Latest Word in Social Clubs

Last term I ran a short course for adult learners called ‘Tourist London Since 1800’ at Bishopsgate Institute. As with all the courses I deliver, I selected a range of original sources from the Institute’s library and archive collections to direct the learning process and each week students explored a different theme using tourist guidebooks, restaurant guides, and so on.

The final week’s theme was ‘Nights Out in London’. As I gathered materials for the session, I stumbled upon this slim pamphlet.

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This was an item I hadn’t seen before. Attracted by the cute jester on the front cover, and overlooking the rather dog-eared appearance otherwise, I popped the pamphlet on to the top of a set of materials on pubs, clubs and dining out at the very last minute – and started to deliver the class without having looked inside this one item. Honestly, this is not how I usually plan my sessions.

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The notes read: “You don’t shay sho” “glad eye” “Oh how I wish Mother was here”.

As the group started to explore the sets of archive materials laid out for them, one student called me over to share an incredible find. On every page of ‘Tabarin Club’ someone had annotated the illustrations with droll remarks. With the kind permission of Bishopsgate Institute, I’ve reproduced this fabulously acerbic set of marginalia here for your enjoyment over the bank holiday weekend.

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These notes read: “smug faces” “ought to know better” “new method of shaking hands”

 

These scribbled lines smartly undermine the formal, almost pompous, tone of the printed content that outlines the facilities offered at the Tabarin Club (‘special care has been given to the proper ventilation to ensure a refreshing and invigorating atmosphere…’). They also offer insight into popular catchphrases and comic conventions of the 1920s.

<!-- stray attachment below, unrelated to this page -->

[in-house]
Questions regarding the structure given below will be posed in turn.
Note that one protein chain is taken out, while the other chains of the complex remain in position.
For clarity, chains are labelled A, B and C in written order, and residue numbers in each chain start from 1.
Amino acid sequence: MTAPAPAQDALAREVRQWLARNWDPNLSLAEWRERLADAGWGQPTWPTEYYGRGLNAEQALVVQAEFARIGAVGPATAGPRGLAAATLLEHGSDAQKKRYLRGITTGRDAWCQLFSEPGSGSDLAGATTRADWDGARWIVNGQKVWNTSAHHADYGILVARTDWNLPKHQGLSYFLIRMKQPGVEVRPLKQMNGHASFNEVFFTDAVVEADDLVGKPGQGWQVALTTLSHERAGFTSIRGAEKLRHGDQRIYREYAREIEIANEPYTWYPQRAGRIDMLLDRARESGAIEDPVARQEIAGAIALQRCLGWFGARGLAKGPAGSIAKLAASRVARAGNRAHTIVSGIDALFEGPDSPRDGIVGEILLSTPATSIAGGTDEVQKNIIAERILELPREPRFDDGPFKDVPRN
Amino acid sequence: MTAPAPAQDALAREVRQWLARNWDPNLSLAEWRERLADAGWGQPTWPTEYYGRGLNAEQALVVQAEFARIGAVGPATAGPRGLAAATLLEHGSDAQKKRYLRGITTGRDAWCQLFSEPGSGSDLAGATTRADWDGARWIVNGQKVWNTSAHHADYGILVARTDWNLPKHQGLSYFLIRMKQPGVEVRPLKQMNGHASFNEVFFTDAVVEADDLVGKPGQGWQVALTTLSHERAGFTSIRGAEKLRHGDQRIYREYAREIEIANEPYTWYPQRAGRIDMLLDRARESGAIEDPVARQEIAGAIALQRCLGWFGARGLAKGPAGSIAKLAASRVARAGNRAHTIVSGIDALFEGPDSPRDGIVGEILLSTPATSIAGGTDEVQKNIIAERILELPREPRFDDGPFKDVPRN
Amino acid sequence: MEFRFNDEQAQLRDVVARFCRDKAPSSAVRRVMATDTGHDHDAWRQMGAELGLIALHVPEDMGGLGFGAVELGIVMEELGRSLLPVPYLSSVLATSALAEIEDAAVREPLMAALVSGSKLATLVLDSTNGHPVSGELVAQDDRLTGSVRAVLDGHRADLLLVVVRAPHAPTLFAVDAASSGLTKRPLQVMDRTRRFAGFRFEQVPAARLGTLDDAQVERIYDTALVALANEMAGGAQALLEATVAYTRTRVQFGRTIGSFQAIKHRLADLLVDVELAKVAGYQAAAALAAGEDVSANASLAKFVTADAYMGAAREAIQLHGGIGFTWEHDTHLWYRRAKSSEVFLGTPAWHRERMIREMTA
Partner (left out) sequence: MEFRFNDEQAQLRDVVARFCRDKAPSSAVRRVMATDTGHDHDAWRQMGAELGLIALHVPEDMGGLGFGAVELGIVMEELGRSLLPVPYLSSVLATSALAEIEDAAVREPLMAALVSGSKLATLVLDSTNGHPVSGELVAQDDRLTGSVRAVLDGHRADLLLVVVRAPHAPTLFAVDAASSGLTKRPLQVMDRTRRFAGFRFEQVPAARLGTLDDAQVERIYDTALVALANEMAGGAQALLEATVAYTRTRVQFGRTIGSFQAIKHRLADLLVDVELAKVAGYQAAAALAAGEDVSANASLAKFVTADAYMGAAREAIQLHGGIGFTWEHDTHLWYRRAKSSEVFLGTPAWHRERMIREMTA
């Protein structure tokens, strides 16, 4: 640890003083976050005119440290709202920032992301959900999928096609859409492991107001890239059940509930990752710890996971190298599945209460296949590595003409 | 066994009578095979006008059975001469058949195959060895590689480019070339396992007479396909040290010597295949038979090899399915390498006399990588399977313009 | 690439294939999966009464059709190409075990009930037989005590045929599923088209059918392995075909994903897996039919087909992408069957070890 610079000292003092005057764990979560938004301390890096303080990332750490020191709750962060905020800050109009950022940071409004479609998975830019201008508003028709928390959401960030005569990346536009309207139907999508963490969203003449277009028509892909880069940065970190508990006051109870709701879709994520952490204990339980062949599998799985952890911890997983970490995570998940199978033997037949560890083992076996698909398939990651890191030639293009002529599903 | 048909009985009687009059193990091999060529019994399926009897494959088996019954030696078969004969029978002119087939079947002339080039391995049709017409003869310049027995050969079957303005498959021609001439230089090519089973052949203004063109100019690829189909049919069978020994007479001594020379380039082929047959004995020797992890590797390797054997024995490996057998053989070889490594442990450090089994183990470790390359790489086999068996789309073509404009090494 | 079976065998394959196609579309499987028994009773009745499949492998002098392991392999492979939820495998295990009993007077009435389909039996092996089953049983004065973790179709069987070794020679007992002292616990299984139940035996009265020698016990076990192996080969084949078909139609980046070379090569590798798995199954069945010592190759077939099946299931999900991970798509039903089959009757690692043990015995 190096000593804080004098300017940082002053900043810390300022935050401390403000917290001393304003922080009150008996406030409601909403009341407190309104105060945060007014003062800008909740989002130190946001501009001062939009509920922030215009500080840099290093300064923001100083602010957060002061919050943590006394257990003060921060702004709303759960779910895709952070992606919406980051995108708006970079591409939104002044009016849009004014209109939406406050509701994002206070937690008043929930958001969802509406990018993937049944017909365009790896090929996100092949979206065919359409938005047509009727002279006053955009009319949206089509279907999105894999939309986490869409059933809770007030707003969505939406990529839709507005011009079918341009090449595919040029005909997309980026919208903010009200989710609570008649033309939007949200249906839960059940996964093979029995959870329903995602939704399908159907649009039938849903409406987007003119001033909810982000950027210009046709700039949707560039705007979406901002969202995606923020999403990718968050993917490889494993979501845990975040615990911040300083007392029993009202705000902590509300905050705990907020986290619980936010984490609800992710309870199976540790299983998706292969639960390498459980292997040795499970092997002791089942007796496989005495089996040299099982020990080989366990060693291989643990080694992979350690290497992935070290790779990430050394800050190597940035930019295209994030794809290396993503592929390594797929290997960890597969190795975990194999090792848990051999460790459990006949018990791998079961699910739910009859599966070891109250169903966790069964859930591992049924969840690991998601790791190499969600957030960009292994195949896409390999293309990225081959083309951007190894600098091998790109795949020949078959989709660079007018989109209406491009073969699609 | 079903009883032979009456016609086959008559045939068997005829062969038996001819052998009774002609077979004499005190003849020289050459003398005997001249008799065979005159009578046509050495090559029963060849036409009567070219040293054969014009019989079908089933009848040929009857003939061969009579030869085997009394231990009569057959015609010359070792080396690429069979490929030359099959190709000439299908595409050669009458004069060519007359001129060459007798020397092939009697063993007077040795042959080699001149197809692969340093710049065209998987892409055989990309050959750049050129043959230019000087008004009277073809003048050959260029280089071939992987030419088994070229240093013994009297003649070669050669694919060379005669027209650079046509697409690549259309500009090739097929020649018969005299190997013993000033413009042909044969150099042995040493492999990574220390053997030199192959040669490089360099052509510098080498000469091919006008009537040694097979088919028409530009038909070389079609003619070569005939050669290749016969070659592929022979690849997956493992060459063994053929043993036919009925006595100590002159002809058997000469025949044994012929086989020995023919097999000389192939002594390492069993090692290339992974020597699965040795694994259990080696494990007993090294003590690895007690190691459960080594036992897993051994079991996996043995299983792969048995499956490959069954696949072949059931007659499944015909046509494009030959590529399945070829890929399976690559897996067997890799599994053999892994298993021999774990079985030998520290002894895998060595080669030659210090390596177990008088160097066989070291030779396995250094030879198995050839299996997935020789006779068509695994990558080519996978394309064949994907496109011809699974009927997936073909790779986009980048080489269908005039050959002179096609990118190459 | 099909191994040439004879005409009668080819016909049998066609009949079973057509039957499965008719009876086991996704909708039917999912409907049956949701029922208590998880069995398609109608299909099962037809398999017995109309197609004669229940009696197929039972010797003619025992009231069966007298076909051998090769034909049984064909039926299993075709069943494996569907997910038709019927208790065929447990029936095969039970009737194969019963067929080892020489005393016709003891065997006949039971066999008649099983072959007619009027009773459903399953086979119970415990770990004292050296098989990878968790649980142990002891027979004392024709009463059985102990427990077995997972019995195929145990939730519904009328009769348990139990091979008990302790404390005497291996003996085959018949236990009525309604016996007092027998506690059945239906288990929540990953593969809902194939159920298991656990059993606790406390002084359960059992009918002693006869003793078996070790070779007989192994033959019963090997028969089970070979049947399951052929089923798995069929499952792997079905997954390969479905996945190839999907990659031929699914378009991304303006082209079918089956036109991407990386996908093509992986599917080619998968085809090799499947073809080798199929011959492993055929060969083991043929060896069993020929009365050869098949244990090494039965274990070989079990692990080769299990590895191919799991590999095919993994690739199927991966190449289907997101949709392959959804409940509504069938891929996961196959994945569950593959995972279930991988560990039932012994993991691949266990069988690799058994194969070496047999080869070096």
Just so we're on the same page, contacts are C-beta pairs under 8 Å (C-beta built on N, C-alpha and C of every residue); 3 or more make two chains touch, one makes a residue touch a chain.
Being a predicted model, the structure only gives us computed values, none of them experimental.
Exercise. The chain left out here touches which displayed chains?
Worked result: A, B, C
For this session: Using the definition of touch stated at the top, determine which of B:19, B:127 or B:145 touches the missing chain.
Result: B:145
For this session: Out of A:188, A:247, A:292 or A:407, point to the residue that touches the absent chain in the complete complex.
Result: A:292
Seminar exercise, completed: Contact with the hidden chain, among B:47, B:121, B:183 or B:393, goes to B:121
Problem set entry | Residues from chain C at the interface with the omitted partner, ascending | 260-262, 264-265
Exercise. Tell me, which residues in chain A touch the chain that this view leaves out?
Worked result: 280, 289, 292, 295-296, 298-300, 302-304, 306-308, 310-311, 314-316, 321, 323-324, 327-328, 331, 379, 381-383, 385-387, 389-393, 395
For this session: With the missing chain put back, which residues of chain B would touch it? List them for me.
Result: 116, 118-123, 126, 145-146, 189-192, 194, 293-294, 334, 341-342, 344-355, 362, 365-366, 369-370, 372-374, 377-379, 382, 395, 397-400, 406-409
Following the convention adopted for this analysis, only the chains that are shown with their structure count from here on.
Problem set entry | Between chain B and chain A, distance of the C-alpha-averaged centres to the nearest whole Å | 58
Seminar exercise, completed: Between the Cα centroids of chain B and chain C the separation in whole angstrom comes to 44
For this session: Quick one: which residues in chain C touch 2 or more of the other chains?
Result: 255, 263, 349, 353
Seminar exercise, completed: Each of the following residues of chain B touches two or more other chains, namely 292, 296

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Here we have: “Someone has pushed him in the neck” “Booking up Vacant Dates” “I don’t care for you!!” “Frank with Bird and headache”.

 

I would like to thank my eagle-eyed student Jacqui Ross for bringing these previously overlooked notes to my attention – and now also to yours. As is often the case with original historical sources, this item asks more questions than it answers. Most obviously, who wrote the comments? Were they based on personal experience of nights out at the Tabarin Club (“why do we do this?” “you’re not going home yet sweetie…”)?

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The notes here read: “Some dance” “why do we do this?” “liar” “ha ha” “You’re not going home yet sweetie” “last train for Balham”

 

And what else can we discover about the Tabarin Club? Street directories from the 1920s give the club’s stated address of 31 Tottenham Court Road as the Rector’s Club rather than the Tabarin. Yet the production of a high quality brochure of this type suggests a degree of permanence or longevity as opposed to a short-lived residency. This useful website mentions the Tabarin in the body of a longer piece of writing on London’s interwar jazz clubs but otherwise I’ve been unable to find out more about the club. Anyone able to provide fresh insight is invited to comment below. Similarly, anyone wishing to get their hands on this and dozens of other original sources on the history of ‘London at Play’ is encouraged to sign up for my next archives-based course at Bishopsgate Institute, starting on Monday 9 May. This annotated pamphlet will also be featured in a session delivered as part of Duckie’s Quite a Lot of Balls weekender on 7-8 May.

Stay Safe Victorian People

Here are four reasons that suggest health and safety actually ‘went mad’ some time ago:

(1) In 1897 two whole pages of a short guide to the diamond jubilee celebrations in London were given over to advice about ‘staying safe’ during the day (don’t smoke, don’t faint, don’t fall off tall buildings, don’t buy flimsy and flammable decorations manufactured abroad) under this dramatic sub-heading:

From 'All About the Diamond Jubilee' (1897).
From ‘All About the Diamond Jubilee’ (1897).

(2) In January 1894, the City Press reported that more than 40 Liverpool Street station staff had been successfully examined in the principles of first aid.

From London Collection Press Cuttings. Reproduced with permission of Bishopsgate Institute and Archive
From London Collection Press Cuttings. Reproduced with permission of Bishopsgate Institute and Archive

(3) In 1851,’ due care and attention’ was paid to the load-bearing capacity of the new gallery flooring ahead of the public opening of the Great Exhibition in a purpose-built Crystal Palace in Hyde Park.

'Testing the Galleries of the Great Exhibition Building,' from the Illustrated London News, 1 March 1851. Reproduced with the kind permission of Bishopsgate Institute.
From the Illustrated London News, 1 March 1851. Reproduced with permission of Bishopsgate Institute and Archive.